the Tibetan people. Unfortunately, China’s great potential as a trading nation and as a market for Western goods makes many world leaders wary of raising the Tibet issue with China. Those who believe that pressure from Western governments will eventually force China to grant Tibet inde­pendence or true autonomy are probably being unduly optimistic.

For their part, the Chinese can’t under­stand the ingratitude of the Tibetans. As they see it China has built roads, schools, hospitals, an airport, factories and a bud­dins tourist industry. The Chinese honestly believe that they saved the Tibetans from feudalism and that their continued occupa­tion is a mission of mercy.

The Tibetans, who cannot forgive the de­struction of their monasteries and attacks on their religion and culture, see things differ­ently. Nor do the Tibetans get much joy from the heavy-handed presence of the Chi­nese police and military. Certainly the Chi­nese are not winning any friends in Tibet with their policy of stealthy resettlement. A massive influx of Han settlers from sur­rounding provinces threatens to make Ti­betans a minority in their own ‘autonomous region’ and to swamp Tibetan culture with that of the Han Chinese.


Trekking is not officially approved in Tibet ; the local Public Security Bureau (PSB; Gonganju) officials will tell you that it is only possible with an approved tour group.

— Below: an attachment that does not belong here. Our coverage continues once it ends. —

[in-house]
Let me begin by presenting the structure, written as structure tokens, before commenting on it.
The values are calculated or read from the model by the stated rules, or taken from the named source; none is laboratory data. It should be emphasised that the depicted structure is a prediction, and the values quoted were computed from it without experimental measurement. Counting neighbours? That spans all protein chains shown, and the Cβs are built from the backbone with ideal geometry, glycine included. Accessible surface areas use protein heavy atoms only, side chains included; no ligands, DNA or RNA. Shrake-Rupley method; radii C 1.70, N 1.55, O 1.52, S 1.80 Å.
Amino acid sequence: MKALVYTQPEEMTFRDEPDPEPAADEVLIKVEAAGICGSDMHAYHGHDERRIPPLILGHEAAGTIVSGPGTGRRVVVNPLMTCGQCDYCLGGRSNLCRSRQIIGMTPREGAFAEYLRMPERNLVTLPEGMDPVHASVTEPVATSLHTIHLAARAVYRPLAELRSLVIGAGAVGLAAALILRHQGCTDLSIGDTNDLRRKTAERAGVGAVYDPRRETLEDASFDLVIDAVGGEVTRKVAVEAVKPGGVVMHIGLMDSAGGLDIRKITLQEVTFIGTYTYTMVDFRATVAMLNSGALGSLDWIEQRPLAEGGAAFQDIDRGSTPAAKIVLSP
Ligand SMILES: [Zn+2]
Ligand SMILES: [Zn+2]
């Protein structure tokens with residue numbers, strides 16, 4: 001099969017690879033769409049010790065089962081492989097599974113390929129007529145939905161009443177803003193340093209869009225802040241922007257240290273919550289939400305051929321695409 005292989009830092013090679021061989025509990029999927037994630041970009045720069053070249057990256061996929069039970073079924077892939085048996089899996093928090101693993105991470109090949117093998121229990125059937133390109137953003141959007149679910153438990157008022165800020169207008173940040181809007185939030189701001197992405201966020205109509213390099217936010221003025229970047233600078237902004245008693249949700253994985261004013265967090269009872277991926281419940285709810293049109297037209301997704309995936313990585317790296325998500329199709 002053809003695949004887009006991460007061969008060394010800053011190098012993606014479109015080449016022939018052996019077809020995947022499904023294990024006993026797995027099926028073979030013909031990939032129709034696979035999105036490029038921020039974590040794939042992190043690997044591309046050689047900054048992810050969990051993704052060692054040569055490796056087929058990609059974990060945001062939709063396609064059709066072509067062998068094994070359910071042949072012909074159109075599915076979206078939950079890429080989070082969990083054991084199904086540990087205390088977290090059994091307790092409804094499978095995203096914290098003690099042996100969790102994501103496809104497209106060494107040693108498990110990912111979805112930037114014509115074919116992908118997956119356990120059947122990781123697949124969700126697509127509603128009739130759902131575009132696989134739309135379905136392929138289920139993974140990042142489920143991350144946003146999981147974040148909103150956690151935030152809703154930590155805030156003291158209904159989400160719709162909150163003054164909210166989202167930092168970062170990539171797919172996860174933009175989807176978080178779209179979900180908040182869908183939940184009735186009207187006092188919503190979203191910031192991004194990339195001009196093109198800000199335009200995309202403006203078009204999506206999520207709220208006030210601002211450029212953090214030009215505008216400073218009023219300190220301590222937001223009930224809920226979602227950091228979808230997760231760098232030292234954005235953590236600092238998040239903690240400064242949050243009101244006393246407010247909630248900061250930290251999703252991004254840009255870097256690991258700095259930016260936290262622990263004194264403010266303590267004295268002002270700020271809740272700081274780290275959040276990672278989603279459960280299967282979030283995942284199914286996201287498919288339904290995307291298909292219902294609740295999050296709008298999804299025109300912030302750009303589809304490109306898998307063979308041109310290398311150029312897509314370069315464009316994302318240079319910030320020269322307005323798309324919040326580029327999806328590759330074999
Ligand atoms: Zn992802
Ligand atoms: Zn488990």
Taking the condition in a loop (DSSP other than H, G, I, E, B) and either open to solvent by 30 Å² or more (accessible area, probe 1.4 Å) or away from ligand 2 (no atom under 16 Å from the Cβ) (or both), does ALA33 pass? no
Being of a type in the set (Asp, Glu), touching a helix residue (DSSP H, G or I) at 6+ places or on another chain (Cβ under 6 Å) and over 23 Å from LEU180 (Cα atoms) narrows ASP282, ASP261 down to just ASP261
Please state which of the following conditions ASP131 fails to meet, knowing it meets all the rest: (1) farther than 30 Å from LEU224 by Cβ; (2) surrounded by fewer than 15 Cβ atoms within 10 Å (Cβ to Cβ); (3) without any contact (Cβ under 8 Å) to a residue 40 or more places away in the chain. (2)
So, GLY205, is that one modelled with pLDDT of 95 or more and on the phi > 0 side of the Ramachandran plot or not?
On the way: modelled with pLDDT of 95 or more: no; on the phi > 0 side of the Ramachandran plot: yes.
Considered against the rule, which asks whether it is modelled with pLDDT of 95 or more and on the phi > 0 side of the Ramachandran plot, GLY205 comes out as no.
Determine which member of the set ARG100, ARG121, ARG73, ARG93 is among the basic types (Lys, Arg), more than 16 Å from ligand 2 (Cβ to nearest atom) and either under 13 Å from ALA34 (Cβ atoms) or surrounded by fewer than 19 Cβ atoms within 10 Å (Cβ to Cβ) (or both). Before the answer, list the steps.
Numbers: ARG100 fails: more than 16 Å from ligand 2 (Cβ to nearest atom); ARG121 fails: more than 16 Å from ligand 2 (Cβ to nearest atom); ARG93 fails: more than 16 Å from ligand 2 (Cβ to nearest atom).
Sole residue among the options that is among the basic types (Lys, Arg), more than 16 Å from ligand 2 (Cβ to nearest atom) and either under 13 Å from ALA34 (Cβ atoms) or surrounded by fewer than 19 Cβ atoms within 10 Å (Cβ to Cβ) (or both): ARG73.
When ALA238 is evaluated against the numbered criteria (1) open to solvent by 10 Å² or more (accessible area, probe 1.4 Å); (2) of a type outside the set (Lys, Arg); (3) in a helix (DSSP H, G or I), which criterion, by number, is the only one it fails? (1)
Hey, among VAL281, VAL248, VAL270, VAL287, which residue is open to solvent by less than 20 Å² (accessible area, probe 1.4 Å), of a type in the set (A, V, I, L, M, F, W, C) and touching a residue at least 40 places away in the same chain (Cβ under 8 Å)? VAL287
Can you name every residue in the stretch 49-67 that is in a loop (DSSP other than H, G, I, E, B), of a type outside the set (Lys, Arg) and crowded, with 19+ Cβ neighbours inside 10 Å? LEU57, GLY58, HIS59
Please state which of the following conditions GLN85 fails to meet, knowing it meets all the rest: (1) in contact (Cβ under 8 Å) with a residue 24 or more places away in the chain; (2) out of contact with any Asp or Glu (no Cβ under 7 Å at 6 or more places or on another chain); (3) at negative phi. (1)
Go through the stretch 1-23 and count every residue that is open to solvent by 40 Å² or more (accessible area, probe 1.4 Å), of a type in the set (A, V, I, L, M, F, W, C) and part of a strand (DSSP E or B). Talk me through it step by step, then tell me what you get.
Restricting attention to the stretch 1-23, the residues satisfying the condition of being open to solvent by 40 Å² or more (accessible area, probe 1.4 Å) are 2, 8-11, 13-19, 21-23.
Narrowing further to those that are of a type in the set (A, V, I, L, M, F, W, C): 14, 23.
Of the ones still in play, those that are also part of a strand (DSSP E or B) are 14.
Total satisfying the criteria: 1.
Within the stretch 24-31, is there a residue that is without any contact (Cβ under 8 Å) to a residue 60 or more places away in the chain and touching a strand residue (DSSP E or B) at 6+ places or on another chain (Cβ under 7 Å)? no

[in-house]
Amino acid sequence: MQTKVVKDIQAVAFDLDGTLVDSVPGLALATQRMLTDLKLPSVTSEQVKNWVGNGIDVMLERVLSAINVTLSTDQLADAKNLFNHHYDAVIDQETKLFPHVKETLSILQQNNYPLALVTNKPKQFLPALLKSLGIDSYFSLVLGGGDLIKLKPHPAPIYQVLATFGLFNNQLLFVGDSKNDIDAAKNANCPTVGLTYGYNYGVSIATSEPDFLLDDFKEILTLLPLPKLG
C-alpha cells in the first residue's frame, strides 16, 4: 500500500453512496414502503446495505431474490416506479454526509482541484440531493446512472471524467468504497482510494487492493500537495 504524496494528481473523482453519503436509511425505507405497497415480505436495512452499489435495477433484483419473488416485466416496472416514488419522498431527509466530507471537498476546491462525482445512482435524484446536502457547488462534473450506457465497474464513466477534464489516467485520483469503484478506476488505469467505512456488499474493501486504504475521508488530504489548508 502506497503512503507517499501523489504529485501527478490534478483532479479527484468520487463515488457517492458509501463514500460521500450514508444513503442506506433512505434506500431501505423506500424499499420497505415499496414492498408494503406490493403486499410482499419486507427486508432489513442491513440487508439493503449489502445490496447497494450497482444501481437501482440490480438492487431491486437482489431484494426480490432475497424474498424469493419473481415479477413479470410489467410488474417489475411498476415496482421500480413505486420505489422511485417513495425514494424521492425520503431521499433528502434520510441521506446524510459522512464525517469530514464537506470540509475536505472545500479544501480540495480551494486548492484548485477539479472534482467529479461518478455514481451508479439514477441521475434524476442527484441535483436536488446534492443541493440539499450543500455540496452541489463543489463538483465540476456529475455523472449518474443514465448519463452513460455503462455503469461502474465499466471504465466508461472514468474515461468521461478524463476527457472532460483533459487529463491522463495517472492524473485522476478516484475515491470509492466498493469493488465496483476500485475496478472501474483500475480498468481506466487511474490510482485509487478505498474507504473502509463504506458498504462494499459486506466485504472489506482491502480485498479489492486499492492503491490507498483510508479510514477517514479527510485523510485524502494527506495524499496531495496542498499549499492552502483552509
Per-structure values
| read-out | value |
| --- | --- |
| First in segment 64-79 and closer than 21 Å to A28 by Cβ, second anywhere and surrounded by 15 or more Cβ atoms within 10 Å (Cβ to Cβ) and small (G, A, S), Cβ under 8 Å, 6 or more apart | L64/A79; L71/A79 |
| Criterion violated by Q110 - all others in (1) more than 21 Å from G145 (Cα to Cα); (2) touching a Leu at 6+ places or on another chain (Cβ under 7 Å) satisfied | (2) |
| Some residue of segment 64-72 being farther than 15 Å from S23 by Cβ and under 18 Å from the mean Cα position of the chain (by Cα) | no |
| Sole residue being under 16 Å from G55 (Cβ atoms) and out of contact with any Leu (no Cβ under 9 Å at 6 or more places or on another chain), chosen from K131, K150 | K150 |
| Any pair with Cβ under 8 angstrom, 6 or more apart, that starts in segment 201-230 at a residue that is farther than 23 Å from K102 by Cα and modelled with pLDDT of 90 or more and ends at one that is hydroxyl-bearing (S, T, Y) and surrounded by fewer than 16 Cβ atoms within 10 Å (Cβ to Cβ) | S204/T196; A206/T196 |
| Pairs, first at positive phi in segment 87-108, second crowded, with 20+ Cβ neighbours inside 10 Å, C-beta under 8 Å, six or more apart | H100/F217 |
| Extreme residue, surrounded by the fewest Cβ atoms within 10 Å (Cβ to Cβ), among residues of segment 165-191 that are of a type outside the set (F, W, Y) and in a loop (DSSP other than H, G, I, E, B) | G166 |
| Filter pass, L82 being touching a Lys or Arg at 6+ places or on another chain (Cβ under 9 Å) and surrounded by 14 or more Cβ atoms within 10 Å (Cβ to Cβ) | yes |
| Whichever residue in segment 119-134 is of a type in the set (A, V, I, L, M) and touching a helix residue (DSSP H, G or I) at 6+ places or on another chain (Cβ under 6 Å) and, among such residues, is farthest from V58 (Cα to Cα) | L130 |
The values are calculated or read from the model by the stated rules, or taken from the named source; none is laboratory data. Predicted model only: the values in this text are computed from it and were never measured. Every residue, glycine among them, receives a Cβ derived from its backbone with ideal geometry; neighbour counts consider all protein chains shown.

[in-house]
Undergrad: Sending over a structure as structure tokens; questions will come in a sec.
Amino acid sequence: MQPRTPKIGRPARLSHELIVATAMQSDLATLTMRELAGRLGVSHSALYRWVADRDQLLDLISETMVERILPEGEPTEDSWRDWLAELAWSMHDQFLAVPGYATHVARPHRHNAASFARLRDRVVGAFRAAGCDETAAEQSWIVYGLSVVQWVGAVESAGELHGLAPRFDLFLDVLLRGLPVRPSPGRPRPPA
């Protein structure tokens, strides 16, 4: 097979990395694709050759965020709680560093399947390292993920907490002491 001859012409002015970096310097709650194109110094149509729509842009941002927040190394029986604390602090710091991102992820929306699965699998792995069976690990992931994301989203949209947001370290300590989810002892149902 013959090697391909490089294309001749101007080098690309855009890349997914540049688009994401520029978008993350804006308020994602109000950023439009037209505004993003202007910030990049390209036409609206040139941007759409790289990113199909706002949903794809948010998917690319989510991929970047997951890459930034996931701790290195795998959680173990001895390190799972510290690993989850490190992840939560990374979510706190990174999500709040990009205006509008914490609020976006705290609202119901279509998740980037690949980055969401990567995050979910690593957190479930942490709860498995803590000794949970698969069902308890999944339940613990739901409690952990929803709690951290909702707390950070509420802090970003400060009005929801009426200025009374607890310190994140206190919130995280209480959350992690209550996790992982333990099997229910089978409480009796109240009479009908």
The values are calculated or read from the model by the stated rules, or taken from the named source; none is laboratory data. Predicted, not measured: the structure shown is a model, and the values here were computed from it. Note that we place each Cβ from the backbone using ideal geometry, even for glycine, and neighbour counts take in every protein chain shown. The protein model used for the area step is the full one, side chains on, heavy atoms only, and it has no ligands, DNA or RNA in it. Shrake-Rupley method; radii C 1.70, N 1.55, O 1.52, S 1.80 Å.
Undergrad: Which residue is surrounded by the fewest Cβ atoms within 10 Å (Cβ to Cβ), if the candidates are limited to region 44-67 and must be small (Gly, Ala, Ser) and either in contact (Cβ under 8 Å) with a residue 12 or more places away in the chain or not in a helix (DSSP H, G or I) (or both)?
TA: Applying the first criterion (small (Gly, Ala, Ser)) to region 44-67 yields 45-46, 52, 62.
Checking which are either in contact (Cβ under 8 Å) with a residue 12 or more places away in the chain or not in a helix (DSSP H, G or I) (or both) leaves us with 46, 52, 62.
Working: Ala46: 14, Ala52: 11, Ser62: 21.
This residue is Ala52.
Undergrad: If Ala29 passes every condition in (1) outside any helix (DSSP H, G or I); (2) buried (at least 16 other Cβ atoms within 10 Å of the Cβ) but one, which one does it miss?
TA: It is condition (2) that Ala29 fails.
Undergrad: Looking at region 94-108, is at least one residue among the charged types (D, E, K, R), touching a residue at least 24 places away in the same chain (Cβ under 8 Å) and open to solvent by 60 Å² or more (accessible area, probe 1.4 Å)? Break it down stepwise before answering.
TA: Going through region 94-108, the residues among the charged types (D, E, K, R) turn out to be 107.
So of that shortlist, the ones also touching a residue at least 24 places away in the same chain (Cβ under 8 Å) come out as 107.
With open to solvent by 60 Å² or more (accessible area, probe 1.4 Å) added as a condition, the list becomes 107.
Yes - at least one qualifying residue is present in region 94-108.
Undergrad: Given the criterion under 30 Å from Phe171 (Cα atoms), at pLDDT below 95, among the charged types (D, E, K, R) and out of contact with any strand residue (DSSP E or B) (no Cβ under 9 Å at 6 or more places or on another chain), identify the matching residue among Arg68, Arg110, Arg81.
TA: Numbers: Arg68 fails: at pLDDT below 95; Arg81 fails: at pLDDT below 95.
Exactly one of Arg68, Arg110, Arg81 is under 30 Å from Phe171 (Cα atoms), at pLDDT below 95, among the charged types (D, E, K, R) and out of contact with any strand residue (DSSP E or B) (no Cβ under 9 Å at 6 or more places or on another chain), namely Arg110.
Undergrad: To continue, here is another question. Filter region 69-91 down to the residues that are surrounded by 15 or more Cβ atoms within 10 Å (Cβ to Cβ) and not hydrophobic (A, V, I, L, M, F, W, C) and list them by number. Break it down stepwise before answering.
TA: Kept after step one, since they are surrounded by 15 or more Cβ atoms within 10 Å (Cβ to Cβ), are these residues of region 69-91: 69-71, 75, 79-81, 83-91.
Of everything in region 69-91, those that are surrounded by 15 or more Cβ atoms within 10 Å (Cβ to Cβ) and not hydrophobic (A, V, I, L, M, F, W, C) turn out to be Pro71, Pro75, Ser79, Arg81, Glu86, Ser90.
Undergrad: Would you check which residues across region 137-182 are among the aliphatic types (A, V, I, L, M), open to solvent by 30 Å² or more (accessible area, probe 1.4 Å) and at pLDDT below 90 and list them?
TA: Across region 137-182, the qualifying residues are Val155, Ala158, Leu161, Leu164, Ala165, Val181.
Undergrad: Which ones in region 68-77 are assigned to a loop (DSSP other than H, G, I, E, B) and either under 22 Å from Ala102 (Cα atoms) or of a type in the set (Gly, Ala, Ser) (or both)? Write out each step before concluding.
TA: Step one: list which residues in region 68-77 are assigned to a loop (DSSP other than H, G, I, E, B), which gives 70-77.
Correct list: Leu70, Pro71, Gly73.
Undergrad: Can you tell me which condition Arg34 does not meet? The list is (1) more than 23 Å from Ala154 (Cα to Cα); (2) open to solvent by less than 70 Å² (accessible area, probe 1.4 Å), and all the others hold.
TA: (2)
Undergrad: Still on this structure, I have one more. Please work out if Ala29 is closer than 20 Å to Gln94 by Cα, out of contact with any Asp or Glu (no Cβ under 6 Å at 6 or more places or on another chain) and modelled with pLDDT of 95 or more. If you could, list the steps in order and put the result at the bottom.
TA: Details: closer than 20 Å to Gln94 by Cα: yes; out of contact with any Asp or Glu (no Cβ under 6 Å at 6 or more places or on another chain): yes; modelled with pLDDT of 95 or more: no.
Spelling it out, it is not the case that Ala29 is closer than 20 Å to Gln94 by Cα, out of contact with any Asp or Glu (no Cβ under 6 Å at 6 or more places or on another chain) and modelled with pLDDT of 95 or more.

Independent trekking is feasible for the experienced walker, providing you are pre­pared to be self-sufficient in food, fuel and shelter. The most popular route is probably the four- or five-day trek from Ganden to Samye. Lonely Planet’s Tibet has a trekking chapter with full details of this and other treks.

There are now supplies of most trekking goods available in Lhasa, but it is still recommended to bring equipment suitable for subzero temperatures, such as a high-quality down sleeping bag, thermal underwear, ground mat, four-season tent, stove and fuel.


The current regulations (which could change tomorrow) say that all foreigners wanting to visit Tibet must be part of a tour group’ (minimum of five people on a mini­mum three-day tour). In addition, every for­eigner should have a Tibetan Tourism Bureau (TTB) permit, and a return ticket to either Kathmandu, Chengdu or Golmud.

Travel agencies in Chengdn organise packages to Lhasa for between Y2500 and Y3200 per person. This often includes a Y200 deposit, which either has to be used to arrange onward transport or is refunded when you leave Tibet. Buses from Golmud are arranged by the China International Travel Service (CITS: Zhongguo Guoji Liixingshe) and cost around Y1600 for the Y210 bus ticket alone! It is now possible to fly to Lhasa from Zhongdian in Yunnan by first arranging the ticket and permits through a travel agency in KCmming. See the Chengdu and Golmud entries for more details.